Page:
If you’re keeping your money in the bank, you are going backwards financially.
Unless you have committed say $100,000 to a term deposit over a three year period, for instance, you will be looking at an annual interest rate of around 1.5 per cent at the time when the value of your money is dropping by around 1.8 per cent a year.
If you did lock in that much money for three years you should be able to coax 2.8 per cent a year out of your bank, but then you’re guaranteeing not to touch your money for three years and who knows what could happen to interest rates in that time? If they go up, you are stranded, and they can’t go down very far from current low levels.
Losing a third of one per cent is not a big annual step backwards but at those fairly miserly deposit rates, you would be well advised to put a lowish cap on the amount of liquid (ready use) cash you have stashed away.
So, where to invest that money, outside of the equity market?
One promising avenue for diversification is in the corporate bond market, which until recently was the exclusive preserve of big institutional investors. Corporate bonds are not as safe as government bonds but they have significantly higher yields. Corporate bonds, also known as corporate debt, are issued by companies as a substitute for borrowing from banks and they offer yields that in some cases run as high as 8 per cent a year, although 5 or 6 per cent is more common and generally more highly rated.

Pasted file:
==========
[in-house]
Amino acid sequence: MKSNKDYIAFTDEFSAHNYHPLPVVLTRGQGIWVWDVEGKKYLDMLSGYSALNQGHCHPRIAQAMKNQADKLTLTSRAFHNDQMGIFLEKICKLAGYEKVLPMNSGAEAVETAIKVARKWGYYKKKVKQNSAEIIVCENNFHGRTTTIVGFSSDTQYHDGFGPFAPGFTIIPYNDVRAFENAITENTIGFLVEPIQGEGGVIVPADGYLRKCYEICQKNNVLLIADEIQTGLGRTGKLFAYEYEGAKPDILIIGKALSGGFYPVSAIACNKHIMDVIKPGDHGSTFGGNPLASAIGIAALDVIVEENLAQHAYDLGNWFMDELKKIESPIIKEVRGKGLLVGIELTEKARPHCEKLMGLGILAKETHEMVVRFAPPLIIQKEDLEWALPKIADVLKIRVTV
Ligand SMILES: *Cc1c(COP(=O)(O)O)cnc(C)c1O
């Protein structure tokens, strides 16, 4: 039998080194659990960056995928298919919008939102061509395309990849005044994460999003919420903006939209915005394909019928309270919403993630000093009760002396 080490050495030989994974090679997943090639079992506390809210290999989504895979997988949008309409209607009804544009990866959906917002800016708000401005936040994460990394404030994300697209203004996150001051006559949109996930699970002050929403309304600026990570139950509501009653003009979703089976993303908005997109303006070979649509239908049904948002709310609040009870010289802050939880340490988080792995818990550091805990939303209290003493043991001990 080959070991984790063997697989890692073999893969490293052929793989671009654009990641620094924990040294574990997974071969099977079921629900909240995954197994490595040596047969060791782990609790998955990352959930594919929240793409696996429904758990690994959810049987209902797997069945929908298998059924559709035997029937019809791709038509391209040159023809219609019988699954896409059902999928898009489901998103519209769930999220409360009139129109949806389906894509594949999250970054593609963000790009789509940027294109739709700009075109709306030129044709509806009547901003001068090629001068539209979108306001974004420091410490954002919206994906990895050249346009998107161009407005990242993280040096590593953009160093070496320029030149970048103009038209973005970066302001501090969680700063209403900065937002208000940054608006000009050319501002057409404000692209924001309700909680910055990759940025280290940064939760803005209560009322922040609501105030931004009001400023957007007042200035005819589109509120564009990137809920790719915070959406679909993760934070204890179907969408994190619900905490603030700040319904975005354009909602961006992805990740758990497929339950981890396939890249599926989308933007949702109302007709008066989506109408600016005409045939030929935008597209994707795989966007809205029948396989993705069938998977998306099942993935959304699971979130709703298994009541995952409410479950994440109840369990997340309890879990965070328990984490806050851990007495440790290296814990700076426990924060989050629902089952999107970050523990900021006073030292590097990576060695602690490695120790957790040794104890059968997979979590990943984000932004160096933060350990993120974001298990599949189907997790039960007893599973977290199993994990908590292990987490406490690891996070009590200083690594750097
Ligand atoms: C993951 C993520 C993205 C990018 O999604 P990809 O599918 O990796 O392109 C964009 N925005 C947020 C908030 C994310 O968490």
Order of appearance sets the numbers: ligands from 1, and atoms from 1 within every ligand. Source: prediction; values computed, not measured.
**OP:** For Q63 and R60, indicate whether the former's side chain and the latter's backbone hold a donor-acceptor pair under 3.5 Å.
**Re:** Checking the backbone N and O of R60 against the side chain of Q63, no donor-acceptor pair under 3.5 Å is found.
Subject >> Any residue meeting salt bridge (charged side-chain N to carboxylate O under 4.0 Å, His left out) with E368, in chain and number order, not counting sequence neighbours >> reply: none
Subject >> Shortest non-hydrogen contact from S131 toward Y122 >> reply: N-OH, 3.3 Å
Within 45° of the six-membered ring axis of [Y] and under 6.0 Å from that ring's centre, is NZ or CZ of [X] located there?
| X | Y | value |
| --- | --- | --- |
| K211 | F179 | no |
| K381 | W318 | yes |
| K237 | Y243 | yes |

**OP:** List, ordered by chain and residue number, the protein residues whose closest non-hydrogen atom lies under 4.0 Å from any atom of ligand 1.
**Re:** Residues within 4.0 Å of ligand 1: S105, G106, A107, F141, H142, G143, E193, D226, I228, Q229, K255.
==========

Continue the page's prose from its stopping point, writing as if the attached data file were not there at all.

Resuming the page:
In dividend terms they are much safer to own than shares as the issuer is contracted to pay income, unlike share dividends which can be cut back or stopped at any time.
Nowadays a number of fund managers have “sliced and diced” tranches of corporate bonds among their clients to offer equity-sized access to that corner of the fixed interest market.
If things turn bad such offerings actually carry less risk than equities, since bond holders rank ahead of ordinary shareholders in the case of corporate collapse.
They are less complex than the bank-issued hybrids of a few years ago, which all differ in subtle ways and can be hard to value, and are also much less risky than those debenture offerings you used to see with phrases like “9 per cent per annum” splashed across the front cover.
Hybrids carry the risk of being dragged down by falling bank share prices, for instance, not to mention being harder to buy and sell than ordinary shares.
Debentures, meanwhile, have fallen from favour after a series of collapses such as Banksia Securities in 2012, which left 16,000 investors owed around $660 million.
So, are you looking for an alternative to term deposits?
Written by: Andrew Main
This article is the opinion of the author and is not financial advice. Speak to your financial adviser or broker for more information. I’m sure they’ll be happy to help you. Don’t forget to always read the Product Disclosure Statement (PDS) for the active ETF you are invested in. To find out more and to find the PDS please visit einvest.com.au.